Submitted to: International Symposium on Epidemiology and Control of Salmonella in Pork
Publication Type: Abstract Only
Publication Acceptance Date: September 5, 2001
Publication Date: N/A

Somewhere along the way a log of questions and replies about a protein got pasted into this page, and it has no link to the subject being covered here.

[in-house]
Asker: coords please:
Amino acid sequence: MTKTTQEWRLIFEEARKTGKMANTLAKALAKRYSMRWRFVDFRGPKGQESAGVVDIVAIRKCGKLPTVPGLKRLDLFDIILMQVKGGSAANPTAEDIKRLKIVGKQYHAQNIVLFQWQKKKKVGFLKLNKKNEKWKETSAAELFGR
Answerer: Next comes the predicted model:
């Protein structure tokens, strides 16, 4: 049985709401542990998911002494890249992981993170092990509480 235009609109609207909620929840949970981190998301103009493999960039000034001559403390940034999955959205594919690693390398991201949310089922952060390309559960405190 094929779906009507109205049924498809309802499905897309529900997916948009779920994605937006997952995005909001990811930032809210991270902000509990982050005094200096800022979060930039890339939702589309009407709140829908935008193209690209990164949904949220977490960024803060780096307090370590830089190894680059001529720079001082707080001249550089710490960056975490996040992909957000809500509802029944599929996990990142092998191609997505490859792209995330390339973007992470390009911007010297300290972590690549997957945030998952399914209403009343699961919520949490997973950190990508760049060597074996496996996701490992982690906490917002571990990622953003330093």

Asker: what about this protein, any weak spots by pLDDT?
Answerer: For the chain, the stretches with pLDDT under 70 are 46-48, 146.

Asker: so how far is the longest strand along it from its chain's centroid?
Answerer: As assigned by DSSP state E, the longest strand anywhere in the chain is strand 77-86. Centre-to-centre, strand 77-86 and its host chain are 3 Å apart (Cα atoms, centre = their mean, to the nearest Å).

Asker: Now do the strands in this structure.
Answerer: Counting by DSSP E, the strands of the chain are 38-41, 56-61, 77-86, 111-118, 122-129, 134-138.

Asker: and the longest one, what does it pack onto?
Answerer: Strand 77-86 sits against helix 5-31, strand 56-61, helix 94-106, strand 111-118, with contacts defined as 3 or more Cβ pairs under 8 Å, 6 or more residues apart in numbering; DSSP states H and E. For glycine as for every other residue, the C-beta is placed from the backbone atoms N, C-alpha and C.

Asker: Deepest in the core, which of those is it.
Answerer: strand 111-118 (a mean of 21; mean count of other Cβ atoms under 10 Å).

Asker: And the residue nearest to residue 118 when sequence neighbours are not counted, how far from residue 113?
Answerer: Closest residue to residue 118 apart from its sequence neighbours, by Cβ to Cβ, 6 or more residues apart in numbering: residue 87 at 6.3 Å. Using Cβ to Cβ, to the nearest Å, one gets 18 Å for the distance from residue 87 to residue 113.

Technical Abstract: The present study evaluated culture methods to optimize detection and isolation of a wide range of Salmonella serovars from feces. Fecal samples were obtained from cows, horses, and pigs. All fecal samples were suspended in saline-buffered phosphate and homogenized prior to media inoculation. Two pre-enrichment (buffered peptone water [BP], GN broth, Hajna), 3 selective enrichment (Rappaport-Vassiliadis [RV] broth, selenite cystine [SC] broth, tetrathionate [T] broth), and 5 selective plating (brilliant green sulfa [BGS], xylose lysine tergitol 4 [XLT4], Hektoen enteric [HE], Rambach [RA], Chromagar Salmonella [CAS]) media were evaluated. Salmonella enterica serovars Typhimurium and Choleraesuis (both antibiotic) were inoculated individually, in combination and seeded in select fecal samples as positive controls. Samples were quantified prior to enrichment, after pre-enrichment and after selective enrichment; sub-samples were serially diluted and plated on tryptone soya, MacConkey's, and selective plating agars. Colonies were counted on selective agars as presumptive Salmonella (PSC) or non-Salmonella (NSC). Differentiation of PSC and NSC was more difficult on BGS and HE and best on CAS, while XLT4 and HE favored H2S producing serovars. Both pre-enrichment media increased PSC detection. RA detected colony morphological differences among serovars. No single method appeared to be adequate to investigate Salmonella serovar ecology. Future research will use two selective enrichments, RV and SC, after BP pre-enrichment with isolation on XLT4 and CAS followed by RA as a differentiation indice.